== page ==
Archive for July, 2010

Photograph #62 The Truth About Winter

Saturday, July 31st, 2010


The Truth About Winter

But it's nice to dream about

It’s cold in January

And snowy, too. But today was far to hot and the light too harsh for any photographic expedition, even one to the front porch. I took the easy way out and visited another day. It’s not inspired, nor even very good, but at least its cold.

Rating 3.00 out of 5

Photograph #61 There is Something About the Moon

Friday, July 30th, 2010


There is Something About the Moon

And it's got us all ensnared

Beauty is symmetry

And mystery and balance and dynamic flow. And when they all combine in the same place at the same time, the artist doesn’t really have much to do beyond not screwing it up.

Rating 3.00 out of 5

Photograph #60 Not Becoming Grapes

Thursday, July 29th, 2010


Becoming Grapes

We've never made wine

This vine is nearly 50 years old

And we’ve cared for it for half of that time, but we have never gotten a good crop of grapes from it. The reason, as Beth gently tells me, below, is that it is a Virgina Creeper and not a grapevine, at all. Wyoming is just too dry in the late summer, even when we water. The birds, however, think it is just keen. 50mm f4 1/125s

Rating 3.00 out of 5

Photograph #59 The Earth Is Strong

Wednesday, July 28th, 2010


The Earth Is Strong

She sometimes shows her bones

These Bones are near Silver City, New Mexico

An area that’s full of mining history, not only for silver, but for copper, lead, gold and other metals. In the notch below is what I think is the remains of an old mine. There are plenty of them around the area.

Rating 4.00 out of 5

Photograph #58 Moonlight Feels Right

Tuesday, July 27th, 2010


Moonlight Feels Right

At the edge of the night

I hope this one works on the internet

It looks real good on my slick and precise monitor, but not many have one like it. The color gradient is subtle and the clouds are only faintly lit. It looks terrific, if understated, on paper.

Rating 3.00 out of 5

Photograph #57 Touched By the Sun

Monday, July 26th, 2010


Touched By the Sun

Amid the dying of the light

Some people won’t believe the color here

And I wouldn’t either, if I hadn’t been there, myself. This lasted long enough for me to see, swivel the camera, set the exposure and make one click. Maybe 15 seconds in all. The sky above the clouds was dusk gray, very little blue, and I am thankful I did not over-expose it too much.

Rating 4.00 out of 5

Photograph #56 Almost Full

Sunday, July 25th, 2010


Almost Full

Tonight is full moon. This is from last night.

I almost missed this display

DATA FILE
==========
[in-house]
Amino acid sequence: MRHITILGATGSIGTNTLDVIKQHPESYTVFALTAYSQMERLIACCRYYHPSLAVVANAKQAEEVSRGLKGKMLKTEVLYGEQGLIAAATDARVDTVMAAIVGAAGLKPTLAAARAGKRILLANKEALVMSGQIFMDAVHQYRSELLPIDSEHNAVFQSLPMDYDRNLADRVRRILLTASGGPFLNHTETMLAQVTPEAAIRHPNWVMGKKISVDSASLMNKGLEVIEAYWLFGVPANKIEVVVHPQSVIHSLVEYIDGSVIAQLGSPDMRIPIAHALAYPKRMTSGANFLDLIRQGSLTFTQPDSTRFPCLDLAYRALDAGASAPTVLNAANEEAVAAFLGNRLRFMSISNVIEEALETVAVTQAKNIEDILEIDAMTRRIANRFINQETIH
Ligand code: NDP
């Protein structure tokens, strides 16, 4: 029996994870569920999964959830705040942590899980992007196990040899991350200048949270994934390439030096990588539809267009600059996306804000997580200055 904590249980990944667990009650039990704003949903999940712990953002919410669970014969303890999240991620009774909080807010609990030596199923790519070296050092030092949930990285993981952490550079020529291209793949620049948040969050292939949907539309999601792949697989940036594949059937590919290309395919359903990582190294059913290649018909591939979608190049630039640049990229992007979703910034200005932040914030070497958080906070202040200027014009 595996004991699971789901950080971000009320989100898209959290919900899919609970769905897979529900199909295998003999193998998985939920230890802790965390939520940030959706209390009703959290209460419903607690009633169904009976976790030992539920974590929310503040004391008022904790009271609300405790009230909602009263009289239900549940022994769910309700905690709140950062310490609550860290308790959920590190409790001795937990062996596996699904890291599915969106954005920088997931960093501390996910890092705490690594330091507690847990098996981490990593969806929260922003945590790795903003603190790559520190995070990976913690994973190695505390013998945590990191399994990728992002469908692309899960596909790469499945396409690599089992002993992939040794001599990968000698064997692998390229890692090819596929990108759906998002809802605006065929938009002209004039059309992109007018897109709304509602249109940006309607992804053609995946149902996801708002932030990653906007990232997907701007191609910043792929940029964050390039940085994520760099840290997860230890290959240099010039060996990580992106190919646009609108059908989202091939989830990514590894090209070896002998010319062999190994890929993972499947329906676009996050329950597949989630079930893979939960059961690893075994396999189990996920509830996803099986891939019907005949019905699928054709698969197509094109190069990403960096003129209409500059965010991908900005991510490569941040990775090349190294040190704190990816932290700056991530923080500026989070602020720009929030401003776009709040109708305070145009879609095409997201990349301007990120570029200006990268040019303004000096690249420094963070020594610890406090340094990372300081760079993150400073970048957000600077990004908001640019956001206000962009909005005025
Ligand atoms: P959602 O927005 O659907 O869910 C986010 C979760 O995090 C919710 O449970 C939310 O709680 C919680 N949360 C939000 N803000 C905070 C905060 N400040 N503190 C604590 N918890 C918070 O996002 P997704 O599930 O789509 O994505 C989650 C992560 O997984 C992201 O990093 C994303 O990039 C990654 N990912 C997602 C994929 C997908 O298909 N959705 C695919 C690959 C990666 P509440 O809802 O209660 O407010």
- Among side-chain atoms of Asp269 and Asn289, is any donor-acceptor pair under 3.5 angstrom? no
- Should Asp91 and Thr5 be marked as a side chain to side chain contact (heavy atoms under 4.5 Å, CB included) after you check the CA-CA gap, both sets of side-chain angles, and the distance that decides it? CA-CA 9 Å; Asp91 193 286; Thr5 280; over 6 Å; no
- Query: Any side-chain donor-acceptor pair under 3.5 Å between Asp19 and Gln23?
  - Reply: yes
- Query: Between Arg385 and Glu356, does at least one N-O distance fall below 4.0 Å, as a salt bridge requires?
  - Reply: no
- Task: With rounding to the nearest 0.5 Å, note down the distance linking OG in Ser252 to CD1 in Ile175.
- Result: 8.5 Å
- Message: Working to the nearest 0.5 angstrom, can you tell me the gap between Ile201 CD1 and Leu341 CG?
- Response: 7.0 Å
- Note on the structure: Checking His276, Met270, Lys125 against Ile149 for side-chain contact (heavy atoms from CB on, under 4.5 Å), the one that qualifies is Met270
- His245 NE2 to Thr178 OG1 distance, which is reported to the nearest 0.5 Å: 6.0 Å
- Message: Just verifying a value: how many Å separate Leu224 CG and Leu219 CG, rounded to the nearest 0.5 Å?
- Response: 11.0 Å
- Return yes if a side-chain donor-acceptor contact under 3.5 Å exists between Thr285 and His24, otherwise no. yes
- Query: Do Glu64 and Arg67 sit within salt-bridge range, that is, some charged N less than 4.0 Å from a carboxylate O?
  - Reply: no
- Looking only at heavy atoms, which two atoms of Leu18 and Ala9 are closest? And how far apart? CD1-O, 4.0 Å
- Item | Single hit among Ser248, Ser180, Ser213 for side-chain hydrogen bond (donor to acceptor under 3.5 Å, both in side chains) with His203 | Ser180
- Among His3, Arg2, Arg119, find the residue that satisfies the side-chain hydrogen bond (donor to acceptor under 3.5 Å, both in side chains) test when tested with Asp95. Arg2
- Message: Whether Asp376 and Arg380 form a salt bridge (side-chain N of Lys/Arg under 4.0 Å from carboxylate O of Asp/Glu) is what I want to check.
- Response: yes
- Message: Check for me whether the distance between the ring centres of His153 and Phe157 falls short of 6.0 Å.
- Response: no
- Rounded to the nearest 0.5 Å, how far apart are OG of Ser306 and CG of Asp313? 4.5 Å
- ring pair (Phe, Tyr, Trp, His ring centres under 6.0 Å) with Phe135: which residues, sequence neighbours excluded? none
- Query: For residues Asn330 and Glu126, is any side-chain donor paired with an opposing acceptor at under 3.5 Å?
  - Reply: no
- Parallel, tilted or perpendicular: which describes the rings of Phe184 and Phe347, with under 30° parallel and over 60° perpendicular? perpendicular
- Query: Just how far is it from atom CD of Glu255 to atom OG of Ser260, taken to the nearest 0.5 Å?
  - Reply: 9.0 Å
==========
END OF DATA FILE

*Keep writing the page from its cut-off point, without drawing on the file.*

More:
Having forgotten about the full moon approaching. When I looked out the window, I erupted into furious activity. The sunset color only lasts maybe fifteen minutes before it fades to gray. f11 1/8s 250mm

Rating 2.50 out of 5

Photograph #55 The Sky’s the Thing

Saturday, July 24th, 2010


The Sky's the Thing

It's big and brighter here than most

Partial color images are not usually my thing

I think they are too often gimmicky, but. Here, I wanted to diminish the foreground, which was full of deep greens and golds, and yet keep the framing. I desaturated, never finding the sweet spot until the foreground was all the way to black & white.

This is one of those effects that can be done with film but seldom is because it’s not easy. Digital development makes it almost too simple.

Rating 3.00 out of 5

Photograph #54 East End of Casper Mountain

Friday, July 23rd, 2010


The East End of Casper Mountain

It's much higher than it looks

It’s unusual to talk about the ‘end’ of a mountain

But Casper Mountain is something like ten miles long, from East to West, and rises abruptly almost 3000 feet from the flatlands at it’s foot. Wikipedia says it’s so long and wide that it is visible from space, at the height the Shuttle and International Space Station fly. I’d like to test that personally, someday.

Rating 3.00 out of 5

Photograph #53 Pure Prairie Sky

Thursday, July 22nd, 2010


Pure Prairie Sky

A sky so blue, a land so rich

Here’s why the exposure details are worthless

To any other photographer but the one making the exposure. The ‘exposure value’ of the clouds here is ’16′. I’m shooting an nominal ISO of 100, focused at infinity. I could be shooting at f11, f16, or f22 with my 50mm lens, depending on the shutter speed.

Which was it? Can you tell?

The most important thing a photographer can learn is the proper level of exposure. This is given by the ‘exposure value’ or absolute level of light reflected from the brightest object in the frame, exclusive of specular highlights, as from waves or chrome. This value, in conjunction with the ISO of the medium, then determines the range of shutter speed/aperture settings that will expose the medium properly.

A light meter, whether internal to the camera or hand-held, reads the EV and does the math for you. The photographer then makes subjective judgments about depth of field or the degree of motion smear, or the higher or lower tonal values desired.

The actual lens/shutter settings will therefore vary from one person to another, from one situation to another, and will be specific to the moment and situation. There are times the photographer ignores the ‘right’ EV and exposes higher or lower in order to make a good photograph. In this particular case, I followed my light meter.

Rating 3.50 out of 5

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